How to Pitch the Propeller
1. Straighten any ragged areas on an anvil or steel plate. If
some pieces break off they will have to be welded after pitching.
2. Mount the correct pitch block to the base and use the
largest mandrel that will fit through the bore of the propeller.
3. Slip the propeller over the mandrel with the pushing face
of the propeller against the pitch block. You can adjust the height of the propeller on
the pitch block by using spacers between the bottom mandrel cone and the mandrel flange.
Ideally the propeller should be centered on the pitch block if it is not cupped. If the
propeller has a cup you should let the cup overhand the relief area cut into the pitch
block to accommodate the cup. Lock the propeller against the pitch block.
4. Use the rawhide hammer to work the propeller to the block.
Start in towards the hub and work your way out to the outer edge of the propeller. Once
the propeller fits within approximately an eighth of an inch from the block, you will have
to use a leather belt or strap between the propeller and the block to give you a fulcrum
point to bend the propeller over and overcome spring back. This will allow you to obtain a
more exact fit to the pitch block. Once the propeller is laying down against the block,
use the dead blow hammer to take any slight flaws out of the blade - four or five hits are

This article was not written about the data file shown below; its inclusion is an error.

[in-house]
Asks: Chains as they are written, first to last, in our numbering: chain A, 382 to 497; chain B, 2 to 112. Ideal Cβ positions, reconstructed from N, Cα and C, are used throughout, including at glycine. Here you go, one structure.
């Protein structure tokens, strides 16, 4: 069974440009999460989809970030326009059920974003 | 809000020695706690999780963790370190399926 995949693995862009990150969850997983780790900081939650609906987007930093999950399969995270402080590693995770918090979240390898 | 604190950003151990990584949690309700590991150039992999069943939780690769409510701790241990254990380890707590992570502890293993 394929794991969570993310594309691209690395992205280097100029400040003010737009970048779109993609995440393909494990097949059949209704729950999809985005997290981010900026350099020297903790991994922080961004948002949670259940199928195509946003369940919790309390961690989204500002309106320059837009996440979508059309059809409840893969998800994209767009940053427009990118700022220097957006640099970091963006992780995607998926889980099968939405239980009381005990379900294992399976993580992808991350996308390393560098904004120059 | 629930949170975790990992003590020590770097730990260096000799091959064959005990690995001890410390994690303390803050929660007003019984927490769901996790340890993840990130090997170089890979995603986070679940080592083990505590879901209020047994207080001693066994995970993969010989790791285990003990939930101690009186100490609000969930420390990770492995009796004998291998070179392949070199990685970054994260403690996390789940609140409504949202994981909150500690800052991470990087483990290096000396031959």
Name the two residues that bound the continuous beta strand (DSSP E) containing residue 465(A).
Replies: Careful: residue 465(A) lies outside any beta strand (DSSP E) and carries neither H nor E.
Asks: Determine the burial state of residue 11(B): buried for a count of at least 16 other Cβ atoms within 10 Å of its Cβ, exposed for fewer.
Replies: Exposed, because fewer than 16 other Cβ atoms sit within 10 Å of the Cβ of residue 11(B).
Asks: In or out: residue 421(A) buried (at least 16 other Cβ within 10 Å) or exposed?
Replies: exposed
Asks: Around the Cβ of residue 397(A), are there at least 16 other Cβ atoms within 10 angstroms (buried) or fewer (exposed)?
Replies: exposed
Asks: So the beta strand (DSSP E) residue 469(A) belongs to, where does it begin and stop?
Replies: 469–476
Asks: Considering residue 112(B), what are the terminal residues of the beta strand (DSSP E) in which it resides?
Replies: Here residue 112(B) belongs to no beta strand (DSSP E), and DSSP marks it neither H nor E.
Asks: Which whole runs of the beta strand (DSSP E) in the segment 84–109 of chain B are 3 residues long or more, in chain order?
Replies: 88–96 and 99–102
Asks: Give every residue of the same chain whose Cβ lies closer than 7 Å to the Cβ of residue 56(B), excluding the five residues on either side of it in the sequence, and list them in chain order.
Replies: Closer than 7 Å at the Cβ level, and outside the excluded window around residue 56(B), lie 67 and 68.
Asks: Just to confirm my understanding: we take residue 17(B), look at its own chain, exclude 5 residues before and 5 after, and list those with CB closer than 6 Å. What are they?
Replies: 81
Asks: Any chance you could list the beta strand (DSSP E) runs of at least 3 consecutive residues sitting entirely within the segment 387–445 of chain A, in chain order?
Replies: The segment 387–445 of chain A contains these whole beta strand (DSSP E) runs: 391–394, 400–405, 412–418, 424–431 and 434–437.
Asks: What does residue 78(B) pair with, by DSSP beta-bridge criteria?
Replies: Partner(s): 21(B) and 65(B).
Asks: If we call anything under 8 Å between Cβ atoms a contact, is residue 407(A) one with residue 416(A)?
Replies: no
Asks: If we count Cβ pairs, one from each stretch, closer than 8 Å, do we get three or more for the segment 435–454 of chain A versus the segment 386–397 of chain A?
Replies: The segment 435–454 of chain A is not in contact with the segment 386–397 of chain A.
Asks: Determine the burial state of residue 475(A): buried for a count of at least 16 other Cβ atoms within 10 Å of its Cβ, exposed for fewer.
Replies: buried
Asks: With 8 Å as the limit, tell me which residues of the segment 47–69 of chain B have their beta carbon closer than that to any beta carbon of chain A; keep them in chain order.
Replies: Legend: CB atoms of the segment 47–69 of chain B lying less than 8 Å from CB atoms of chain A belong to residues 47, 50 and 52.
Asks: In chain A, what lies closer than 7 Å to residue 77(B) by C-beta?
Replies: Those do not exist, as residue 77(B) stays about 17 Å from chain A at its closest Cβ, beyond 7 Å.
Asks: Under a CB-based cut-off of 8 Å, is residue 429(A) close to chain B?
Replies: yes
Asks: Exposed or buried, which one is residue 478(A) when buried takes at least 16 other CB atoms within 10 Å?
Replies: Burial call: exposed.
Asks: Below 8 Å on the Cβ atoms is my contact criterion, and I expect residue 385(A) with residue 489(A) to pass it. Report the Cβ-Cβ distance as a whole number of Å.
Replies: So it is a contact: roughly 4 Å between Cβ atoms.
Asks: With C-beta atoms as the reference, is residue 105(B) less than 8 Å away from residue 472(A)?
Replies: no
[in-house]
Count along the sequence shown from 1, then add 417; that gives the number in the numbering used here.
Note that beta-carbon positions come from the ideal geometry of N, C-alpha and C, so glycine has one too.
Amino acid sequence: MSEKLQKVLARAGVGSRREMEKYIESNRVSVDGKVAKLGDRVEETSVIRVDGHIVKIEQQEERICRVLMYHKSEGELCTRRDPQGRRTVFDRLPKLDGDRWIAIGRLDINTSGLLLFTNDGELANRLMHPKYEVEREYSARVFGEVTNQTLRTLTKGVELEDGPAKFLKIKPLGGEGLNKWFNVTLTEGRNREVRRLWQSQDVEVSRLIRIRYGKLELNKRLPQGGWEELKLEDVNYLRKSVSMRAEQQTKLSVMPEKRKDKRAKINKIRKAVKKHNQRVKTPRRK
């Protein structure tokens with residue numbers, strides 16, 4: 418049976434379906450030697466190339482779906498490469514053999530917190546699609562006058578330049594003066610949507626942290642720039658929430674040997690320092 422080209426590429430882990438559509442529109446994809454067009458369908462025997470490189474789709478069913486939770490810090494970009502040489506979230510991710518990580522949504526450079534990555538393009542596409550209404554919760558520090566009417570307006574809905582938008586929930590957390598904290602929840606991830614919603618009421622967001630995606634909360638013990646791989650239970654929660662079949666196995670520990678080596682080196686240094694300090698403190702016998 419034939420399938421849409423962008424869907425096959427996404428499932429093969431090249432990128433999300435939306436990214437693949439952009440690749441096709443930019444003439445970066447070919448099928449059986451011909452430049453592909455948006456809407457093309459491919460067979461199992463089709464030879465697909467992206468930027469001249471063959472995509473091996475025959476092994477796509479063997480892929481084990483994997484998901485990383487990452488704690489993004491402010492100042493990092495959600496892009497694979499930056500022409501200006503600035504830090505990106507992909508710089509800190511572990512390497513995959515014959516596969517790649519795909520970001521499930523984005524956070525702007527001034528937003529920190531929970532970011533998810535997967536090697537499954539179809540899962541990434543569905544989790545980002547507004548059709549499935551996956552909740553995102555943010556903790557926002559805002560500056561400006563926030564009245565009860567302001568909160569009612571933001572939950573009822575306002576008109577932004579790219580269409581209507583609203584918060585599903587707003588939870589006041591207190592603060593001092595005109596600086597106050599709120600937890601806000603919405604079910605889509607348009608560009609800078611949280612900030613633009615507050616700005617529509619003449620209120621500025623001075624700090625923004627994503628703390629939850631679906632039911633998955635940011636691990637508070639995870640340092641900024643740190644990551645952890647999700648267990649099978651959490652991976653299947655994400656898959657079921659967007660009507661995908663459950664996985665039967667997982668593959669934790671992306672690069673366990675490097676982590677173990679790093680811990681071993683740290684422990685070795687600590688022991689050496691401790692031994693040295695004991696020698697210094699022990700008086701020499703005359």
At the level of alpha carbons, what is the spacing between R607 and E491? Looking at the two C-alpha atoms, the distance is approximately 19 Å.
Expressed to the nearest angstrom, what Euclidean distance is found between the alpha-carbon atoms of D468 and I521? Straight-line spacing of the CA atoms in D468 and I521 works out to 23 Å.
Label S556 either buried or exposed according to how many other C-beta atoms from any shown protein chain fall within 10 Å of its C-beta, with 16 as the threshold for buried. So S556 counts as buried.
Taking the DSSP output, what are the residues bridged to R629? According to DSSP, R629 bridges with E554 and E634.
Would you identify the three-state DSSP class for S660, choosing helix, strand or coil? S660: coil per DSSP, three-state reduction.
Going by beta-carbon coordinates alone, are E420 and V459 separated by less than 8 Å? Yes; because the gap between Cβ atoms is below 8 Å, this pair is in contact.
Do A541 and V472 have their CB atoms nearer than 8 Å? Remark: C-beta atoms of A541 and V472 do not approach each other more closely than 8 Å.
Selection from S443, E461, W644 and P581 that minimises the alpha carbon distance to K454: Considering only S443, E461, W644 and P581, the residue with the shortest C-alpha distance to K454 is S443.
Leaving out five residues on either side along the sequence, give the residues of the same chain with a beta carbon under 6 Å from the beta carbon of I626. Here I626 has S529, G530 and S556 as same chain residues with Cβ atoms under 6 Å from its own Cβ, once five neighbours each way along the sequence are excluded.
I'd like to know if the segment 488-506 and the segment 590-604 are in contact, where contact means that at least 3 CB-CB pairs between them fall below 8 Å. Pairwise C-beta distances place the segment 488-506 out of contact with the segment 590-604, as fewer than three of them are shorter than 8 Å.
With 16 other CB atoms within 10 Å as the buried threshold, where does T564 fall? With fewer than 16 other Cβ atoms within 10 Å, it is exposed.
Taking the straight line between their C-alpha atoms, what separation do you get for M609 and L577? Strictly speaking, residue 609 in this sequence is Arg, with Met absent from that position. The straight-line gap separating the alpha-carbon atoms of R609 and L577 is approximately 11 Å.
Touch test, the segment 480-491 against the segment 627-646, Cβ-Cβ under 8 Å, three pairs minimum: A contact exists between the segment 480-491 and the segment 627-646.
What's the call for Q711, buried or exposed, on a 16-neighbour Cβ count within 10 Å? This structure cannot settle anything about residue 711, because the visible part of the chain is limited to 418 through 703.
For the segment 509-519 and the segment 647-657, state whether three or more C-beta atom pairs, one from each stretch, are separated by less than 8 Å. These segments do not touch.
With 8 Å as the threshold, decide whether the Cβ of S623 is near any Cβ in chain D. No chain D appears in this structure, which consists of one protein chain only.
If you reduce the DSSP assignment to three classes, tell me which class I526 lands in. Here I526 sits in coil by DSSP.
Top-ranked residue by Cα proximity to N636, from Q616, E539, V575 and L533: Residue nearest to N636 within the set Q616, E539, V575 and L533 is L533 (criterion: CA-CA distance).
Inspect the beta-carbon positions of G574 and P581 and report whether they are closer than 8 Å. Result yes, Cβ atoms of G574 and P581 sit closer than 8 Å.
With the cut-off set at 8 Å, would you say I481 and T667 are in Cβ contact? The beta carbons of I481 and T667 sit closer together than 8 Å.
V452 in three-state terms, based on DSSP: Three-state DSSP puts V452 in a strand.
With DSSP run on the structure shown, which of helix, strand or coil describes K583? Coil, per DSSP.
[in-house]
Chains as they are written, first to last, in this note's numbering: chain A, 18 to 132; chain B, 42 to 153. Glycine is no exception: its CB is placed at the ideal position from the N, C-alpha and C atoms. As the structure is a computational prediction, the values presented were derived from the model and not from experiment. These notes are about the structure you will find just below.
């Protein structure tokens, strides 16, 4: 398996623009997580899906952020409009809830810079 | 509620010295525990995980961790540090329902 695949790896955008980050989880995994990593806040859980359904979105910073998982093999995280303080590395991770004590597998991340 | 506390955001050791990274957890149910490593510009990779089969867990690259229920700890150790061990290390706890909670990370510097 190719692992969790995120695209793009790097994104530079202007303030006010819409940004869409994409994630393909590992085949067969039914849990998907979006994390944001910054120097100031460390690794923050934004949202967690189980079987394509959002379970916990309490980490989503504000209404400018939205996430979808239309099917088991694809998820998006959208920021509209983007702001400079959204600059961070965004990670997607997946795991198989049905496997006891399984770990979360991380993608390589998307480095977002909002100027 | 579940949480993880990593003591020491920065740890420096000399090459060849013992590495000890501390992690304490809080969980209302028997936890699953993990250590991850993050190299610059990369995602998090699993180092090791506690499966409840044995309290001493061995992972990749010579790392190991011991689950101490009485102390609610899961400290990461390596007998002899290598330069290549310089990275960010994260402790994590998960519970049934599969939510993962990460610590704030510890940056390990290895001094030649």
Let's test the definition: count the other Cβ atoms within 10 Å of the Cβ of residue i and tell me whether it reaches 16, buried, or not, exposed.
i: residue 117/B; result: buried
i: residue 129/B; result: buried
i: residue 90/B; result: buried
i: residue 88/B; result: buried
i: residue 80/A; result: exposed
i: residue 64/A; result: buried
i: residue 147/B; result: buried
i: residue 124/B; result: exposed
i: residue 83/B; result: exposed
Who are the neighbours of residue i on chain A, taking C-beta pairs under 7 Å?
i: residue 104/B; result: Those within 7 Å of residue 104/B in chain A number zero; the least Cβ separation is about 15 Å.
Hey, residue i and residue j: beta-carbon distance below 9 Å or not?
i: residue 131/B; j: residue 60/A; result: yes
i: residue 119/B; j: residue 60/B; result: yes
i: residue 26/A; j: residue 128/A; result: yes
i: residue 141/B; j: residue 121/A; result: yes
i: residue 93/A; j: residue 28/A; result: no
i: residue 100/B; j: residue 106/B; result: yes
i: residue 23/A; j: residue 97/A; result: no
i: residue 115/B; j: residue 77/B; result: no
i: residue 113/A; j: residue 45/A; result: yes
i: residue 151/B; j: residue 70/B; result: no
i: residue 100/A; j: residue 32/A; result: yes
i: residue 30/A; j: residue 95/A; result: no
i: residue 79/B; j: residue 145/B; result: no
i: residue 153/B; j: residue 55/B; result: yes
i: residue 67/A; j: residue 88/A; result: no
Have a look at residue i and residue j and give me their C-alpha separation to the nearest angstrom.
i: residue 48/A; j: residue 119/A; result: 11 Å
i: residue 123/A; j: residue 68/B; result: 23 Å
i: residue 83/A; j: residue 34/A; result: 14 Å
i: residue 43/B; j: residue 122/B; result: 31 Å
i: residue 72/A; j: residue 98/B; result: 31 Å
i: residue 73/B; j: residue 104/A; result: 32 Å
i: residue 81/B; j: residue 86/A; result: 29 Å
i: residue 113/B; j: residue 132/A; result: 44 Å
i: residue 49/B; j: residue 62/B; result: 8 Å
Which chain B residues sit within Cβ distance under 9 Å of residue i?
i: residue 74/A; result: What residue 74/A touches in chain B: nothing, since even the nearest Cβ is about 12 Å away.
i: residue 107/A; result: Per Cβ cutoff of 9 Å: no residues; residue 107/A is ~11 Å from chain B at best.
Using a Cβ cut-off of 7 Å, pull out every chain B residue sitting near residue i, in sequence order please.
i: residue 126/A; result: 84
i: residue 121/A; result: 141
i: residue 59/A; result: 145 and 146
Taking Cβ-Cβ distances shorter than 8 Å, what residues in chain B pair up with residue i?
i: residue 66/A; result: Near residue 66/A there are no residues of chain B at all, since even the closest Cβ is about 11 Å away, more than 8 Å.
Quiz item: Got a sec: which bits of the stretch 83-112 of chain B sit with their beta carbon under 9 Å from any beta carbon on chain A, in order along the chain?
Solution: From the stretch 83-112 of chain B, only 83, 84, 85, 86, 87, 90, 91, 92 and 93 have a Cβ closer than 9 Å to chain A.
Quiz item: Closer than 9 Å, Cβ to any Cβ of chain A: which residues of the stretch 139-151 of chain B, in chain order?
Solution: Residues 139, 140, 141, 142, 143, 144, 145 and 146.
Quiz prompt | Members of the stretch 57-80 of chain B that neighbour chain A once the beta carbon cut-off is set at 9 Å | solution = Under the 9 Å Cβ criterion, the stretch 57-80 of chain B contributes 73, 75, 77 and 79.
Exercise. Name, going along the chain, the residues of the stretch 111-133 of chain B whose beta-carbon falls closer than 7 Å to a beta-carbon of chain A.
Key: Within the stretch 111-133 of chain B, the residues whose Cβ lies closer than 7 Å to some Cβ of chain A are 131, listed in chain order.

usually all that is needed per blade.
On stainless or bronze wheels you can use the copper hammer
to feather in the outer edges. If the propeller has a cup you can bend the cup over the
relief cut in the pitch block or you can obtain a softer roll by placing the leather belt
or strap under the trailing edge and bend the cup over the belt or strap.
After all blades are shaped to the block, draw a line around
the best blade on the pitch block and compare the other blades to the profile.
When repairing stainless steel propellers some will require
the use of heat to bring the propeller back to its original shape. When heating stainless
do not exceed 1700 degrees Fahrenheit. At 1700 degrees Fahrenheit, the grain structure of
the metal changes. A 1700 tempstik can be touched to the area being heated and will melt
when the metal reaches 1700 degrees. You will find the heated area to e Dull Red in color,
and the propeller can be worked to the pitch block. A standard oxygen/acetylene torch
works quite well. This allows you to heat only the area that is bent and makes finishing
the propeller much easier.
Most bronze or brass inboard wheels will bend cold. If heat
is required to repair these, care needs to be taken to prevent breaking the blades.
The temperature should exceed 1400 degrees Fahrenheit before
repairing. Most alloy bronze propellers are extremely brittle between 700 to 1400 degrees
Fahrenheit. Use 1400 degree Fahrenheit tempstiks to check the heat before striking the
propeller with a hammer. Always heat the propeller from the hub to the outer tip using a
#4 or #6 rosebud torch, this will evenly heat the entire blade. Then work the blade to the
pitch block using either a rawhide or copper hammer. Push the blade to the block or tap it